US-Turkey Relations in the Light of Turkey's Freedom of Press

By Erdem, Bora | Global Media Journal, June 2018 | Go to article overview

US-Turkey Relations in the Light of Turkey's Freedom of Press


Erdem, Bora, Global Media Journal


Introduction

The issue of the press freedom and the freedom of expression in Turkey has for many years attracted a great deal of attention and provoked extensive debate both in Turkey and in many other Western countries. According to the U.S.-based Freedom House, an independent watchdog organization that promotes press freedom worldwide, Turkey has been mentioned as one of the countries which have got no free press in the world [1]. According to the annual freedom of press report by Freedom House in 2017, the Turkish government, through the use of enhanced powers under the state of emergency, carried out a massive crackdown on media outlets on the justification of an attempted military coup. The government authorities took control of some media broadcasts and detained a large number of journalists. Journalists, particularly those who work in the Kurdish Southeast, went through serious obstacles in their reporting, including threats, violence and criminal investigations. Under the rule of President Recep Tayyip Erdogan and the Justice and Development Party (AKP) government, the country has suffered a substantial drop in the freedom of the press over the past ten years [2]. The government has used the penal code of criminal defamation and counter-terrorism laws to detain a large number of journalists. Turkey has since witnessed a sharp decline in media freedom for the last five years, affecting its relationship with many Western countries, including the United States, which had many of her citizens jailed on dubious charges. What is more important, absence of a free media limits existence of healthy debates in public domain about Turkey's disengagement with the U.S. and the Western world in a way of realignment with more authoritarian-minded countries, such as Russia and Iran. The government's mastery of the press also enables it to steer public opinion amid lack of transparency, leaving little space for diverse opinions that would endorse more engagement with the EU countries. Instead, the daily anti-Western rhetoric in media helps government to cloak the foreign policy shift from the attention of the public.

Overview of Freedom of Press and Censorship in Turkey

The press freedom in Turkey has been a problematic issue given the long history of political control of media and turbulent relationship between media and political authorities. But it went particularly worse over the past few years with the imprisonment of journalists. Censorship was introduced into the country in 2004 constitution amendments and is regulated by both domestic and the international laws [3]. Although the legal provision in Article 90 of the constitution of Turkey advocates for the rights of journalists, media freedom has deteriorated steadily since the coup attempt in 2016. The president has ordered for the arrest of hundreds of journalists and dozens of media outlets have been closed. According to report by the U.S.-based Freedom House, Turkey accounts for one third of the world's jailed journalists. Since 2013, Turkey has been ranked by Freedom House as not free, with observers placing the country among the leading countries violating media freedom.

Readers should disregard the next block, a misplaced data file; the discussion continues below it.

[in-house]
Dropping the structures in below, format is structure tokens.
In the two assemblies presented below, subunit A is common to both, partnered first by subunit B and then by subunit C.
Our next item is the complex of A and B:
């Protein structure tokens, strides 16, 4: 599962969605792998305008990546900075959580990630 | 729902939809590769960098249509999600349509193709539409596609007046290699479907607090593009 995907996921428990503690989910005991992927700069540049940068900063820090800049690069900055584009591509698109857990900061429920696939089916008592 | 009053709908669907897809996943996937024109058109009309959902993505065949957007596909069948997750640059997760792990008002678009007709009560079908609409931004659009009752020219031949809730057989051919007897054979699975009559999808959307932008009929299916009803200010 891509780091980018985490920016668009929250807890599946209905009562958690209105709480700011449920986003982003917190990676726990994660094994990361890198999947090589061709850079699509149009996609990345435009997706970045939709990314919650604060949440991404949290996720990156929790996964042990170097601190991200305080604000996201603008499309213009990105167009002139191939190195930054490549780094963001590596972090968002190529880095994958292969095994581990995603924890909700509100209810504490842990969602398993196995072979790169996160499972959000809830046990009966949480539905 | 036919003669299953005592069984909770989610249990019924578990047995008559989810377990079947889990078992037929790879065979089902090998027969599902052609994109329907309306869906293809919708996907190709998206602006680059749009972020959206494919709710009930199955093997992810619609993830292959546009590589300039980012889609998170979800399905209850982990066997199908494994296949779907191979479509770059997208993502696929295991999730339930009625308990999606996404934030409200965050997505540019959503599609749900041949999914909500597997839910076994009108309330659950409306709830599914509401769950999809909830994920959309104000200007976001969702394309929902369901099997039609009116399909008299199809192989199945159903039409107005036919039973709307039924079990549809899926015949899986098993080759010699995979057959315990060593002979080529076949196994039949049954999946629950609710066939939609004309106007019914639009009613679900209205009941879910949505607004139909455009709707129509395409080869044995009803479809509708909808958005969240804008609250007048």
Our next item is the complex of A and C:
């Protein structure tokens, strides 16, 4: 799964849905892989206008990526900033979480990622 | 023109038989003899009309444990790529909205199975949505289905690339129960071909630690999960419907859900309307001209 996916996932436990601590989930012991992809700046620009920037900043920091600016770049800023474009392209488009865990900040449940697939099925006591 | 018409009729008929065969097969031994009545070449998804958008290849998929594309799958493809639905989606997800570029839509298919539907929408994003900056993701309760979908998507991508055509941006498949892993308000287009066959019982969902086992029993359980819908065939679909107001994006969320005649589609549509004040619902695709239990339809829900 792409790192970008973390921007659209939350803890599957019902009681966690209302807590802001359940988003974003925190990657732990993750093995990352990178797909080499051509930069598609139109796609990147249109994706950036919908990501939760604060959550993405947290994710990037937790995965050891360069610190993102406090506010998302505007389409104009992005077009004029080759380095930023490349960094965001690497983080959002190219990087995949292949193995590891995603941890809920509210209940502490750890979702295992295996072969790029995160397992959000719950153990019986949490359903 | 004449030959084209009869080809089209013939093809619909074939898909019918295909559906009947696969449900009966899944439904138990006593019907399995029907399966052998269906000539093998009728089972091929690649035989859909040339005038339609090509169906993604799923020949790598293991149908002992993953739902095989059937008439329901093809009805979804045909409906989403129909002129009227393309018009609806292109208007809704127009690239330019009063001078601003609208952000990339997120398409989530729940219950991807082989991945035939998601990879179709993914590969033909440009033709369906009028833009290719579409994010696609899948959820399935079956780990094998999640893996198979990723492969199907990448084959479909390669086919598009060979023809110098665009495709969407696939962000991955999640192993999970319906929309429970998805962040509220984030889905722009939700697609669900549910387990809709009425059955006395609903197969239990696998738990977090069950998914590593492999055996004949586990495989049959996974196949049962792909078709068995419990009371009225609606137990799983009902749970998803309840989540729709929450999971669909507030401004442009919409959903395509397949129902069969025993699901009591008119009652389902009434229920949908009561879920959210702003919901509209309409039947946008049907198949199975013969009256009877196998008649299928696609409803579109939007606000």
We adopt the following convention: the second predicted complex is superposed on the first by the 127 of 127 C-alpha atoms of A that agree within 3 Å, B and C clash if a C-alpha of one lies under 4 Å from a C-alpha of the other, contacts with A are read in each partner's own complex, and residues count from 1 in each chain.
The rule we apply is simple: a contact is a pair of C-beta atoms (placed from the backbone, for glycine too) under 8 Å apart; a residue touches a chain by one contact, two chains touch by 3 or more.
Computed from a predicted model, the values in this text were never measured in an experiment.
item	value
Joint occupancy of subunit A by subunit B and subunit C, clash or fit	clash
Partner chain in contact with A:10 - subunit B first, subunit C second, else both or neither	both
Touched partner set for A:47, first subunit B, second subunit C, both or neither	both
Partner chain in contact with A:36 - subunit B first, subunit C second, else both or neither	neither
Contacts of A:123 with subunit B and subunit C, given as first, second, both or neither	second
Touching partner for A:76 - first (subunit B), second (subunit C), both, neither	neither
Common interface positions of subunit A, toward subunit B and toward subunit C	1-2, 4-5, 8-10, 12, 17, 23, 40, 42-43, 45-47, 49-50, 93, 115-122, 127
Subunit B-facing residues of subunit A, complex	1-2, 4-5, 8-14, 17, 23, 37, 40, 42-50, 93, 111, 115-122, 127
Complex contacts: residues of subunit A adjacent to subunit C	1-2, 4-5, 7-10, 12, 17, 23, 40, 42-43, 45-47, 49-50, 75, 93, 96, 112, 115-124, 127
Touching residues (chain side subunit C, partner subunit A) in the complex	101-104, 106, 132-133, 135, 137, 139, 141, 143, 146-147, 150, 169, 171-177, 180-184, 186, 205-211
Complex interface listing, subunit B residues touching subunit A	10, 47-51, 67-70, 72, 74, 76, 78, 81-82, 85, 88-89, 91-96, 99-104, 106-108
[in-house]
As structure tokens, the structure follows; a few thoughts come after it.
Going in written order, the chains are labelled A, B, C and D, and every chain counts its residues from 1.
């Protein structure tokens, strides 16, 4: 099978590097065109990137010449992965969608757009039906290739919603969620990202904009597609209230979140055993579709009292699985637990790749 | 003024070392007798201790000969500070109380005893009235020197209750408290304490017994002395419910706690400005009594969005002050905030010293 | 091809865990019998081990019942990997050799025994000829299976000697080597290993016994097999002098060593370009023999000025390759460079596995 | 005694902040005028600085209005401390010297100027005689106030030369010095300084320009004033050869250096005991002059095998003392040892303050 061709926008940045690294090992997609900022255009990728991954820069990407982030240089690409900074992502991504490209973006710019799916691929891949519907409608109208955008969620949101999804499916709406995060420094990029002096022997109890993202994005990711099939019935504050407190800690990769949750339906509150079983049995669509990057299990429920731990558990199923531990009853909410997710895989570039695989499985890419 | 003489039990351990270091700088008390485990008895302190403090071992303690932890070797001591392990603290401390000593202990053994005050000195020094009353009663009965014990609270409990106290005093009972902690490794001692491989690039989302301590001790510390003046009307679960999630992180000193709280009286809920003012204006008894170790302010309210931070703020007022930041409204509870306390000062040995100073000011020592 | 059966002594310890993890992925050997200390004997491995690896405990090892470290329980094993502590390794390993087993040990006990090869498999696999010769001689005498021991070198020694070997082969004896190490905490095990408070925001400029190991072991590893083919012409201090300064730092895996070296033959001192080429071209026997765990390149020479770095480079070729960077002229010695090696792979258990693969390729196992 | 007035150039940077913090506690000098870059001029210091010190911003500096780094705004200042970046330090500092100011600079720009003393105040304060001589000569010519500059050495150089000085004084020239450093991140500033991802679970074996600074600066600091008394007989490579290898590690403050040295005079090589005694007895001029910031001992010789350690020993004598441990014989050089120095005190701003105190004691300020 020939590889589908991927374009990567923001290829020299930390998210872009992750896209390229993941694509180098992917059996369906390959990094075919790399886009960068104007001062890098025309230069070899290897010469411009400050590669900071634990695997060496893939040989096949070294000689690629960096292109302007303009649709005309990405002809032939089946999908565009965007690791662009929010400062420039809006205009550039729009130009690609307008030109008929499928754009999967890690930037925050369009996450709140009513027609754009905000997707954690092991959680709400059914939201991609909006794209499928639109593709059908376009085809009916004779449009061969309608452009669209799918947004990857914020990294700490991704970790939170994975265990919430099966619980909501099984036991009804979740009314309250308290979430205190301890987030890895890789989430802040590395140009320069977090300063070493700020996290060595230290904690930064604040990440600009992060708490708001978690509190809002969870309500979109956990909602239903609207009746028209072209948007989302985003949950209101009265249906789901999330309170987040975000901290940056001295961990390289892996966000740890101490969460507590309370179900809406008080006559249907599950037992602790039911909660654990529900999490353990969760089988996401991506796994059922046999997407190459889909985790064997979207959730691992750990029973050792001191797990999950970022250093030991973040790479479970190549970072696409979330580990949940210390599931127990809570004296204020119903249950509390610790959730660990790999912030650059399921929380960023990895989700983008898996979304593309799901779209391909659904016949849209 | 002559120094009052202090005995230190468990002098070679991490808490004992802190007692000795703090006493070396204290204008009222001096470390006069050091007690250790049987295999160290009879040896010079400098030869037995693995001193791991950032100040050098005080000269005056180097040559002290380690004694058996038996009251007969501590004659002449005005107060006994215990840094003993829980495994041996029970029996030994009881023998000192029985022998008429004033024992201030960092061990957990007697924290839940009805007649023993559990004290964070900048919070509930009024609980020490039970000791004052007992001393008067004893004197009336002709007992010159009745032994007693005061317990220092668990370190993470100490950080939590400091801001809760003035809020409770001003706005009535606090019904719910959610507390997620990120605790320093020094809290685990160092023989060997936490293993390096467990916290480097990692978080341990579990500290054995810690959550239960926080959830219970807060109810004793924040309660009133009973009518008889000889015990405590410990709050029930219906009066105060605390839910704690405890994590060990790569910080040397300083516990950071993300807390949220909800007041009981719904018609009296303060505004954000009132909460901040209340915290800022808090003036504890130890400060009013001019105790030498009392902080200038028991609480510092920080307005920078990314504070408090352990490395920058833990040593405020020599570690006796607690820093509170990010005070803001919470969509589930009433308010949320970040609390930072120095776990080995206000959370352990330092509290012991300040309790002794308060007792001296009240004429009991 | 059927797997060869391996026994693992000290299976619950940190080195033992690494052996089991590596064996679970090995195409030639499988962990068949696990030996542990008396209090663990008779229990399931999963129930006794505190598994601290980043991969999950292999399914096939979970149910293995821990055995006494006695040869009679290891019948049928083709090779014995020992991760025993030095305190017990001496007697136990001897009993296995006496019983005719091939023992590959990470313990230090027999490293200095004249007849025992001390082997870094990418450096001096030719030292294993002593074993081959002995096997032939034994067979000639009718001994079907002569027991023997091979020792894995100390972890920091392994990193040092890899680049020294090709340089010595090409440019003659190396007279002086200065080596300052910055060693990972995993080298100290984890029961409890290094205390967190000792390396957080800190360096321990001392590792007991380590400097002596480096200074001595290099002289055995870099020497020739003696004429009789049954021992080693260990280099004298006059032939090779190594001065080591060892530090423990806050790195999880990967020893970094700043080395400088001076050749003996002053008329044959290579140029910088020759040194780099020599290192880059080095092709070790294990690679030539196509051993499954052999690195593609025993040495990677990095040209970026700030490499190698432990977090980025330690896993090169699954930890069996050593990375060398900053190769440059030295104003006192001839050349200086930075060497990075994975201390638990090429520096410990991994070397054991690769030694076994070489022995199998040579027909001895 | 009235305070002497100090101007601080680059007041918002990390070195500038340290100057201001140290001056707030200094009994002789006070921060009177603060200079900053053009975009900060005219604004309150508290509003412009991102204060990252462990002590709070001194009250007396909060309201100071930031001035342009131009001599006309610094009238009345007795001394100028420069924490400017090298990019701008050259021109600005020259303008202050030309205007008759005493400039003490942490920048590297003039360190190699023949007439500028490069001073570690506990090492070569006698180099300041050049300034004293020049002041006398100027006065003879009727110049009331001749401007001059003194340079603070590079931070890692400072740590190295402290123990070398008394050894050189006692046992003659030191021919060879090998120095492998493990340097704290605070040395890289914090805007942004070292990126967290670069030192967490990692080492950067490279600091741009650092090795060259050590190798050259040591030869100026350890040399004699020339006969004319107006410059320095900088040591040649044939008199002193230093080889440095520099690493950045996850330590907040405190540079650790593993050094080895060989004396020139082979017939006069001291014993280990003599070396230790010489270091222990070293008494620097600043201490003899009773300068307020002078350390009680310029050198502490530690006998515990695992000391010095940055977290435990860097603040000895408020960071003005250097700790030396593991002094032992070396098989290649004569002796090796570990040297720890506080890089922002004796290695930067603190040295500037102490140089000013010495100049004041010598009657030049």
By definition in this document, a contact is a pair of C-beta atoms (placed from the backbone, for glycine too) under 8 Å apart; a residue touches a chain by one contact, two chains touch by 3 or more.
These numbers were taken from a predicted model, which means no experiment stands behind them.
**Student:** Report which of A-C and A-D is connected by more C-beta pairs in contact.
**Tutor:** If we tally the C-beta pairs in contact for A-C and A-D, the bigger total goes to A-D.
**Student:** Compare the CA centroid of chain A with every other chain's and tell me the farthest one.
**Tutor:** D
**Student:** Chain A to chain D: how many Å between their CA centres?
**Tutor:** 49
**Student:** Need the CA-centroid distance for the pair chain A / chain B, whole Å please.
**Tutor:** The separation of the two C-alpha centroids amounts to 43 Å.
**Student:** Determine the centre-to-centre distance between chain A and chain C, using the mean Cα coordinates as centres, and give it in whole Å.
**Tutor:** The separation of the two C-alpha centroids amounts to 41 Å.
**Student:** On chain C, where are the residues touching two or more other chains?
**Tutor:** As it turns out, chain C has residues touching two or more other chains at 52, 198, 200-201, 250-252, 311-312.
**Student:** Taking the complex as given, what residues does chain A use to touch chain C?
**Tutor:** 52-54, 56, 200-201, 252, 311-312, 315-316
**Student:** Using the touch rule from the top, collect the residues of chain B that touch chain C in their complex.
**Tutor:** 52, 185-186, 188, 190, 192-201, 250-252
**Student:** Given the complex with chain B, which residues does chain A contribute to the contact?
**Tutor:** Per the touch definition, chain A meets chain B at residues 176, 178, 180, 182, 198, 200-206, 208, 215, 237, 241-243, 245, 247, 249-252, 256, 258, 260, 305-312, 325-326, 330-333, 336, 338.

The highly diagnostic standard that can be used to measure lack of press freedom is the number of journalists jailed. The office of the representative on media freedom provided a detailed list of some journalists arrested in Turkey, and the number stood at 78 by August 2012. The number from the CPJ showed 76 detained journalists with whom 61 were directly imprisoned for their direct publications or journalistic works.

By December 2012, the number dropped slightly to 49 due to the release of many detainees by courts. According to the recent reports by CPJ, Turkey leads in the highest number of imprisoned journalists, followed by Iran and China [4]. Despite recent reforms that allowed for the release of some detainees, the situation has for the last five years deteriorated to the worst. …

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